Skip to content Skip to navigation

Reviews

Blog entry

A short (novella?) historic romance between an impoverished middle-class woman trying to eke out a living on the fringes of the propertied class, and her childhood friend of that class who is struggling to find a way to be himself without losing everything. A Christmas masquerade ball provides the context for the masks to start slipping as our heroine connects the dashing man she meets at the ball with the eccentric young woman she thought she knew. A delightful happily-ever-after trans love story that threads the hazards of historic plausibility very neatly.

I’m never going to complain about the hints and beginnings of an openness in mainstream romance publishing to consider f/f historical romances. Hopefully we will eventually have so many that I don’t find myself pinning all my hopes on each individual title. Sebastian’s entry into the field branches off from an existing series, matching a lady’s companion with a haunted past and a maid with a suspicious present in something of a revenge caper. The romance worked for me, but there were a number of improbabilities in the depiction of the social context that kept throwing me out of the story.

All of the Dominion of the Fallen books have their harsh and horrifying moments, but this one feels like the darkest going in (though maybe not so dark coming out). If anyone with less skill than de Bodard were writing this series, I might have noped out after the first book, but she gets past my uneasiness around horror with gripping characters and masterful worldbuilding. The fallen angels, dragon kingdoms, and loose-cannon magical creatures of Paris are plunged into something close to all-out war.

A free short story set in O’Dell’s “Janet Watson” series. Following the framing motif of journaling that features in the main series, this story takes the format of a diary of a teenage Janet Watson during the year that inspired her to pursue medicine. Something of a character sketch in form, we’re offered more background into the near-future worldbuilding that underpins the series. For those who love Janet, this shows the girl who will become the woman, already facing a dangerous and frightening future but without quite as many smashed dreams.

In Shakespeare’s The Tempest, the character of Miranda is something of a cipher – a pawn who exists only in other people’s image of her and plans for her. Duckett’s novella images her after her father’s return to Italy, as she begins to shake free of being a silent pawn and ask some hard questions: like what actually happened to her mother and what is lurking in the tunnels beneath the castle? She makes an uneasy alliance (and finds the possibility of romance) with a serving woman who has her own reasons to distrust the power structures in Milan.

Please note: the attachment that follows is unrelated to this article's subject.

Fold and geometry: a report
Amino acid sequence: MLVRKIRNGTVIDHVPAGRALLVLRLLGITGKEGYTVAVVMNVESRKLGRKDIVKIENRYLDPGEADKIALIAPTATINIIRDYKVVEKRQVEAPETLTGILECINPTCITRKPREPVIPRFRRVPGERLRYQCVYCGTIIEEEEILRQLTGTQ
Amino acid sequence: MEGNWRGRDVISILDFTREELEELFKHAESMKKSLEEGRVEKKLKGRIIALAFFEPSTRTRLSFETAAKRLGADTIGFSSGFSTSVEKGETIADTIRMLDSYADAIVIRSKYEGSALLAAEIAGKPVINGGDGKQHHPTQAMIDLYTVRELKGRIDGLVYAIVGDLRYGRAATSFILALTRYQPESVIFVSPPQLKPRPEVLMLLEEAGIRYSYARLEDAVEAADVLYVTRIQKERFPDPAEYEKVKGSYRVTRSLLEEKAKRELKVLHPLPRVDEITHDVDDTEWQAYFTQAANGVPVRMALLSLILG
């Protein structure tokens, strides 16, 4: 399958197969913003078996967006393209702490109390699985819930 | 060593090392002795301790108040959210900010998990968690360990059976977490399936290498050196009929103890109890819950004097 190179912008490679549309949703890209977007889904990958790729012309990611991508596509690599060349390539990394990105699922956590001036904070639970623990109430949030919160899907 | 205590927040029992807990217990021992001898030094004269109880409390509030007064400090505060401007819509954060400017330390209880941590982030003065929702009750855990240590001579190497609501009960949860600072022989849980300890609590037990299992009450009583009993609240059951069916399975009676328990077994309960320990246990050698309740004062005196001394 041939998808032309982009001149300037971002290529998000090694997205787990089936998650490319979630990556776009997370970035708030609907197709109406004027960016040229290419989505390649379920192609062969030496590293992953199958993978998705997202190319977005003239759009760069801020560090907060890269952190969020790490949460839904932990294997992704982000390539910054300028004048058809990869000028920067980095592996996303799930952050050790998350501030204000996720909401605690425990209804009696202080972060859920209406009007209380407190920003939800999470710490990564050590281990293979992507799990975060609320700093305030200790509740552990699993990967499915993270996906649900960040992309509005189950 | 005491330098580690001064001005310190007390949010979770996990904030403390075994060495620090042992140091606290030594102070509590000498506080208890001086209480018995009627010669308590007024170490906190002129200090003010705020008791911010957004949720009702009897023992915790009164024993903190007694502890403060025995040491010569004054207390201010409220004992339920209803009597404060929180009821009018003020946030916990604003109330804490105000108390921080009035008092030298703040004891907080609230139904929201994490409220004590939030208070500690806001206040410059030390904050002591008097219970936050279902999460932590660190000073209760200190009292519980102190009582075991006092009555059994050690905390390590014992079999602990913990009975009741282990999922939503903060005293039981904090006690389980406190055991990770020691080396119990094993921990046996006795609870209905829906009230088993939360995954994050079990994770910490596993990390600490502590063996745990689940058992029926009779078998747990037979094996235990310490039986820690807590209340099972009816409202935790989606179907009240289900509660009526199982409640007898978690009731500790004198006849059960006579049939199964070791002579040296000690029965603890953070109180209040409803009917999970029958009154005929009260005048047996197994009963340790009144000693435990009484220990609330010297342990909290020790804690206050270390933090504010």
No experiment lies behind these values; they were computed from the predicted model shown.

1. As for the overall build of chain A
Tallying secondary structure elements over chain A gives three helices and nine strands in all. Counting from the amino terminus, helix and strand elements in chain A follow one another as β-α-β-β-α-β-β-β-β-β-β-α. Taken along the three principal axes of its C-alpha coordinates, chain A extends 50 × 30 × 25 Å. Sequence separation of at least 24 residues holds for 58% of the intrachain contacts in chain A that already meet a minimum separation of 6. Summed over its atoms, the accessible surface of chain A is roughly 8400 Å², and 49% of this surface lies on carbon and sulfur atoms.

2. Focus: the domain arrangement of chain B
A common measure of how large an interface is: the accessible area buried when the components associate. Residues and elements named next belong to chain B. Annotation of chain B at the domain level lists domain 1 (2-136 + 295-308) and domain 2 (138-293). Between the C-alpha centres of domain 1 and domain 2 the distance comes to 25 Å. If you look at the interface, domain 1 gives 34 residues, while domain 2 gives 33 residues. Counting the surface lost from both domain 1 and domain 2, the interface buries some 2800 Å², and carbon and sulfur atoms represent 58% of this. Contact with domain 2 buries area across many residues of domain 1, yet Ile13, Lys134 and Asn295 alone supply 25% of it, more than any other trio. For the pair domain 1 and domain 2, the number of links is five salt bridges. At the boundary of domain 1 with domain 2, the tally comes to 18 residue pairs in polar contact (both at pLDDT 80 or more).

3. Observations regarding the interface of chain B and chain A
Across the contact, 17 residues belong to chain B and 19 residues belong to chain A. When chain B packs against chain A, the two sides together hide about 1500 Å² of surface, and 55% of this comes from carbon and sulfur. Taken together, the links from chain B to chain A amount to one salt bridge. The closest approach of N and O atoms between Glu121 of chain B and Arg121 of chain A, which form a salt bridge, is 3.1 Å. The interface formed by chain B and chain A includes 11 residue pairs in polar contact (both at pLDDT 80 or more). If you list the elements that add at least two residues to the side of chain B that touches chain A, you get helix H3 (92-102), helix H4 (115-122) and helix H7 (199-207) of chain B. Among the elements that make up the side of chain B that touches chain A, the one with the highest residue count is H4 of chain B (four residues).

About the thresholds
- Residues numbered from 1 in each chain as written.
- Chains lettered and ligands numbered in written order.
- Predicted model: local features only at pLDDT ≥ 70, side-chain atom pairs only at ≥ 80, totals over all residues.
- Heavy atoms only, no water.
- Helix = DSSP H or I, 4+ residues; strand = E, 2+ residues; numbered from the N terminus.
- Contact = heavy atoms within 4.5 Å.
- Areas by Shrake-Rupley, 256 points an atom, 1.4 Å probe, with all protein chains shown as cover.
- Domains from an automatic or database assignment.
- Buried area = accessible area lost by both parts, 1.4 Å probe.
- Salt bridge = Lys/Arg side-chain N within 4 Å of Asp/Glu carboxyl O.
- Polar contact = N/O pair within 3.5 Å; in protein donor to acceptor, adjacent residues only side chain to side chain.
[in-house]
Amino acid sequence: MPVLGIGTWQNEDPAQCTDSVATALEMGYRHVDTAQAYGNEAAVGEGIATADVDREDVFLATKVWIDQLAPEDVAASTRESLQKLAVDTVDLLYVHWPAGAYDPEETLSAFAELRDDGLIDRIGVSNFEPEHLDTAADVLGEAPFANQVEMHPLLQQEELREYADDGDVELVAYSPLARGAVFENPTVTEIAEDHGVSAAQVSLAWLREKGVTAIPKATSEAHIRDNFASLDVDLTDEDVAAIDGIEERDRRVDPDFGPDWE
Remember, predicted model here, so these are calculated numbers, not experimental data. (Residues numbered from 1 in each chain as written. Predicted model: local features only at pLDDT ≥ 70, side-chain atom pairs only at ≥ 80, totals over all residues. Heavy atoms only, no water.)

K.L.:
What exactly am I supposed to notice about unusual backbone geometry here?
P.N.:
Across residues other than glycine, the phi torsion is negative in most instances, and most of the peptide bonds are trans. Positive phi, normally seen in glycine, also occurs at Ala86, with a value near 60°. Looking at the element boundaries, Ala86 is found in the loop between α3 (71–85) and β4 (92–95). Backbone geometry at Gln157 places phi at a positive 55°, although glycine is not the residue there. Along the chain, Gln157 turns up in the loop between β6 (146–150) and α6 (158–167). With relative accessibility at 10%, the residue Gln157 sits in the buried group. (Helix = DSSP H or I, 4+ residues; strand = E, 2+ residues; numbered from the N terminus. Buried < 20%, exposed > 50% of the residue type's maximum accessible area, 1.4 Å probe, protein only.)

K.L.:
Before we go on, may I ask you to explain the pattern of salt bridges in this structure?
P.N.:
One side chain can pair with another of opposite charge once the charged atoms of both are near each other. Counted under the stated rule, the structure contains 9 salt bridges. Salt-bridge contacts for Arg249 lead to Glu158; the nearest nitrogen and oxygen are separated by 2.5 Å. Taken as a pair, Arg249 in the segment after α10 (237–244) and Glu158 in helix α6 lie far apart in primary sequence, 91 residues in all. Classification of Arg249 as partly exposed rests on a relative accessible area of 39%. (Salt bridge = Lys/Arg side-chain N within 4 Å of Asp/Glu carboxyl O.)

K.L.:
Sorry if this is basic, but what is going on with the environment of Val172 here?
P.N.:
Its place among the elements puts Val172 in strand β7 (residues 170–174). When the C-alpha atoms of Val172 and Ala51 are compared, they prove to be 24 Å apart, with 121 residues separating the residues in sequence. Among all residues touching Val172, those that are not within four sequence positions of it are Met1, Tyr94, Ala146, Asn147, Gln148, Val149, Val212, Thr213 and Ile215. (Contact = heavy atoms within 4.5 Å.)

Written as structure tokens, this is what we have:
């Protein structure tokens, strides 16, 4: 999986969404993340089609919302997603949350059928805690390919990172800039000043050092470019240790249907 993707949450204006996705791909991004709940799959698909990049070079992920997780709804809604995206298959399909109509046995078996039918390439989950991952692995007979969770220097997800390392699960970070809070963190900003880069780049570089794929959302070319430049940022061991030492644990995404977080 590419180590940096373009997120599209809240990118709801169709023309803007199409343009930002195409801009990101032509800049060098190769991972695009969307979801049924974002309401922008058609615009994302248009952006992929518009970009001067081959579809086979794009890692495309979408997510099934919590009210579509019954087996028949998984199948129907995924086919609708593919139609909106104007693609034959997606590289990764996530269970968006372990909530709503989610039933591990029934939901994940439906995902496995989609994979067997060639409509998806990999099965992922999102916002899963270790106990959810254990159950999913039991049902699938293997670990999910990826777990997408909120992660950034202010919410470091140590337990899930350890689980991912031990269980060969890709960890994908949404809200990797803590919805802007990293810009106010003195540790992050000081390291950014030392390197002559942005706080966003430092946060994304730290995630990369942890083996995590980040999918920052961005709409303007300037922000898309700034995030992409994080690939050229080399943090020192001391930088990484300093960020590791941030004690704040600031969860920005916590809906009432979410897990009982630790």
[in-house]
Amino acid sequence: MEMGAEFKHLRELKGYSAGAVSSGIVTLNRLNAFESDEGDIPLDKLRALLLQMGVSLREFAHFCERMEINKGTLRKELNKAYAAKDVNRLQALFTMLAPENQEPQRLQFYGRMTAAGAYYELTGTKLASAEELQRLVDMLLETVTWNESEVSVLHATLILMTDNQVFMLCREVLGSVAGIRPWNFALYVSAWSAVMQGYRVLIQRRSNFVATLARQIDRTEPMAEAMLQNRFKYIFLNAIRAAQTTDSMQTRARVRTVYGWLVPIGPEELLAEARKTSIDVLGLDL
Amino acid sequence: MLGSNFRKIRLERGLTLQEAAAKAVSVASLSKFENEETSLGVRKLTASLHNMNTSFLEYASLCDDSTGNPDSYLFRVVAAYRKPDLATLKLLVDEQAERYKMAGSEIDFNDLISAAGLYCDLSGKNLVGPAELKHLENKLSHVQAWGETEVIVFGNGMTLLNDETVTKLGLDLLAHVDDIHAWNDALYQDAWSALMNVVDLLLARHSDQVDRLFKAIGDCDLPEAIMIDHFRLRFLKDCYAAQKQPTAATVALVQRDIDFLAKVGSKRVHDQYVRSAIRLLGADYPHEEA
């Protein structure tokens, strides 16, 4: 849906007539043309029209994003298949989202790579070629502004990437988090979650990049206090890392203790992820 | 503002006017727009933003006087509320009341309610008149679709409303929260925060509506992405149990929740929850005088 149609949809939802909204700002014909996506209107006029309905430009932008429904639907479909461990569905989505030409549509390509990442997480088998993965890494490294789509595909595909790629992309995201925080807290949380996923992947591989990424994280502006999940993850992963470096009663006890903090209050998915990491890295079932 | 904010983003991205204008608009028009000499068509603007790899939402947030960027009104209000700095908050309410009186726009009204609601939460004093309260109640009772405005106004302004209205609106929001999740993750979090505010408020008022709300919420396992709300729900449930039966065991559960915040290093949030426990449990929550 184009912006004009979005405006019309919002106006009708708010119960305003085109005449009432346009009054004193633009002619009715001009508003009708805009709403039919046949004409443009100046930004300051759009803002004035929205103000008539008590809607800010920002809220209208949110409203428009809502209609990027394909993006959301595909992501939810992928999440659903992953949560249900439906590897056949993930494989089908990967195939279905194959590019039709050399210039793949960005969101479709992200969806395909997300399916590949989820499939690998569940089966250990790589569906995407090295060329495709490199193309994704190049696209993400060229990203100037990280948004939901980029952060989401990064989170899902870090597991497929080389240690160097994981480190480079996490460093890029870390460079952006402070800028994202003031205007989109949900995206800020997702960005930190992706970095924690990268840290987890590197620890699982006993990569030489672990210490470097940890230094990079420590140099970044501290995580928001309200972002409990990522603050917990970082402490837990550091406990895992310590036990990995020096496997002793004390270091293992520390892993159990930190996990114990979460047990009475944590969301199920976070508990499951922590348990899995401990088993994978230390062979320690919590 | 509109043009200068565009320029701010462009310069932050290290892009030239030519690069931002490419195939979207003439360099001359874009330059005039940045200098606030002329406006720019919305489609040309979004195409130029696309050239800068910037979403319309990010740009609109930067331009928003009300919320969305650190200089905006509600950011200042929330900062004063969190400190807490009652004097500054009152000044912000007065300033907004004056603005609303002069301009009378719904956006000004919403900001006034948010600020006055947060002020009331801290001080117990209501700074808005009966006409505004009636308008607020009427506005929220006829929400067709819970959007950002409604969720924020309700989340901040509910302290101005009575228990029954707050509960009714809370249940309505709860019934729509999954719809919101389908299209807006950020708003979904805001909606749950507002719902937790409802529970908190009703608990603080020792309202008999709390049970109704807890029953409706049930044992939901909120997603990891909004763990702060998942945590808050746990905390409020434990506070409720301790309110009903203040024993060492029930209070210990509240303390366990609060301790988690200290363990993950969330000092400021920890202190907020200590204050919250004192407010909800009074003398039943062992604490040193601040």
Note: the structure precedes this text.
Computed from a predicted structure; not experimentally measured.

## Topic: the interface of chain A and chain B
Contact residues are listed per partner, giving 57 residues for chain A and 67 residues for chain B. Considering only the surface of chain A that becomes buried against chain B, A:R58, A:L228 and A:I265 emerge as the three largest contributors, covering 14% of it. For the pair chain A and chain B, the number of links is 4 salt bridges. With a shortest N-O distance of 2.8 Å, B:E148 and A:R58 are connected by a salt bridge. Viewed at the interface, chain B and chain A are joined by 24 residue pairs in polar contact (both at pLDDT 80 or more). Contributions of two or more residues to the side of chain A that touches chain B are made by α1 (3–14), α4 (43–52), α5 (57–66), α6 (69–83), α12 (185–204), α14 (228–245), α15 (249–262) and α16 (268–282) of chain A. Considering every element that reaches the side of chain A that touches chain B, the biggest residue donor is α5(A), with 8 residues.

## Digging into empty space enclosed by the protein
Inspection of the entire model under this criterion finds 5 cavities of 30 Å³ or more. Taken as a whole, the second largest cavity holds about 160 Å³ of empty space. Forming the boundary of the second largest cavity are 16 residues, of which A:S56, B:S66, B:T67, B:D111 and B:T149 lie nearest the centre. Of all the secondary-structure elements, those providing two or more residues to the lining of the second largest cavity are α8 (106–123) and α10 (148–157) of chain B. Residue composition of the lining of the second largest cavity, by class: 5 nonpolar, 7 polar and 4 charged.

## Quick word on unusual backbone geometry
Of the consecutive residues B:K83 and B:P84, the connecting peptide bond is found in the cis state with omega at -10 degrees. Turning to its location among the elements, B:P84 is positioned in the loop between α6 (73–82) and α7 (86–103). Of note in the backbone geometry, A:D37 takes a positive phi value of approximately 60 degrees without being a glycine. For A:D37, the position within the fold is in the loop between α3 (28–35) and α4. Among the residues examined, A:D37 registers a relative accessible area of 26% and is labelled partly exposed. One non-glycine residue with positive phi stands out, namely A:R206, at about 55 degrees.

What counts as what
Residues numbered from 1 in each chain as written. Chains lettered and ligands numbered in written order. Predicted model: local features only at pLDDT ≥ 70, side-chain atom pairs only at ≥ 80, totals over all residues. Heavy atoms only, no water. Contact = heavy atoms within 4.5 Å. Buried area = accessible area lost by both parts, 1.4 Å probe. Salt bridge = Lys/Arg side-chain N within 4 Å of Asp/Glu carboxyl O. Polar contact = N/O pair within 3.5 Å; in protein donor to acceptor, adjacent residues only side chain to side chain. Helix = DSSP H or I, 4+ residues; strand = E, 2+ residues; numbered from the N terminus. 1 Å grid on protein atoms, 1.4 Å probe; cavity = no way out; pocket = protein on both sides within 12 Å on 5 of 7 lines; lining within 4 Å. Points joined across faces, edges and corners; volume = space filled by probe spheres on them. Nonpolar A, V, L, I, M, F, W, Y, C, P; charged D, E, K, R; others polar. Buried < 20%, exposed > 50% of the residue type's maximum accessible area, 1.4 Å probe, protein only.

I read this book through an interesting lens, because I was reading it in parallel with a how-to book on writing romance plots. And while I loved 90% of Lady’s Guide, the parts that clunked for me were all plot elements that the how-to book insisted were absolutely necessary plot elements in a romance. While that didn’t lessen my enjoyment of Waite’s book, it did lessen my inclination to take writing advice from the how-to book. This is a well-grounded historical romance between two women with unusual avocations: astronomical calculation and fine embroidery.

The books in the Glamourist Histories series have been somewhat hit or miss with me. This one, I’m afraid, missed. I might have been more articulate as to why if I’d succeeded in reviewing it closer in time to reading. It mostly boiled down to the protagonists doing foolish things due to unwillingness to communicate or admit weakness, plus some contrived plot twists. At this point I doubt I’ll finish the series. I wish I’d liked it better because I think the author is an amazing human being.

A historic fantasy set in medieval Portugal and inspired by a legend of the miraculous transformation of bread into roses. But is it a miracle or a curse for your touch to turn food into flowers? This story explores themes of self-harm, disordered eating, and the legacy of religious intolerance, all tied up in a slow-growing romance between a future queen and the magical woman who may be her only hope of surviving. Pinguicha has the knack of framing her story with realistic historic attitudes, beliefs, and reactions without suggesting that it places a happy ending out of reach.

Evidently I’m making a habit of reading Vo’s Singing Hills novellas in odd contexts. I read the first sitting on a gurney in an emergency room, and this one hanging out in a park near the Apple Store waiting for my phone’s batter replacement to be completed.  This has nothing to do with the content of the books, but is a testament to their convenient length and engrossing content.

Cole has been doing really fun things with the trope of “contemporary royalty romance” in both this and her Reluctant Royals series by creating an entire network of invented kingdoms throughout Africa and the Mediterranean through which her Black protagonists can romp without having to dodge around the legacy of European royal history. Both series now have an f/f entry. In this novella, two complex and difficult personalities clash (and encounter an awkward attraction) around the possibility that one of them is the heir to the mysteriously-disappeared ruler of an island kingdom.

Pages

Subscribe to Reviews
historical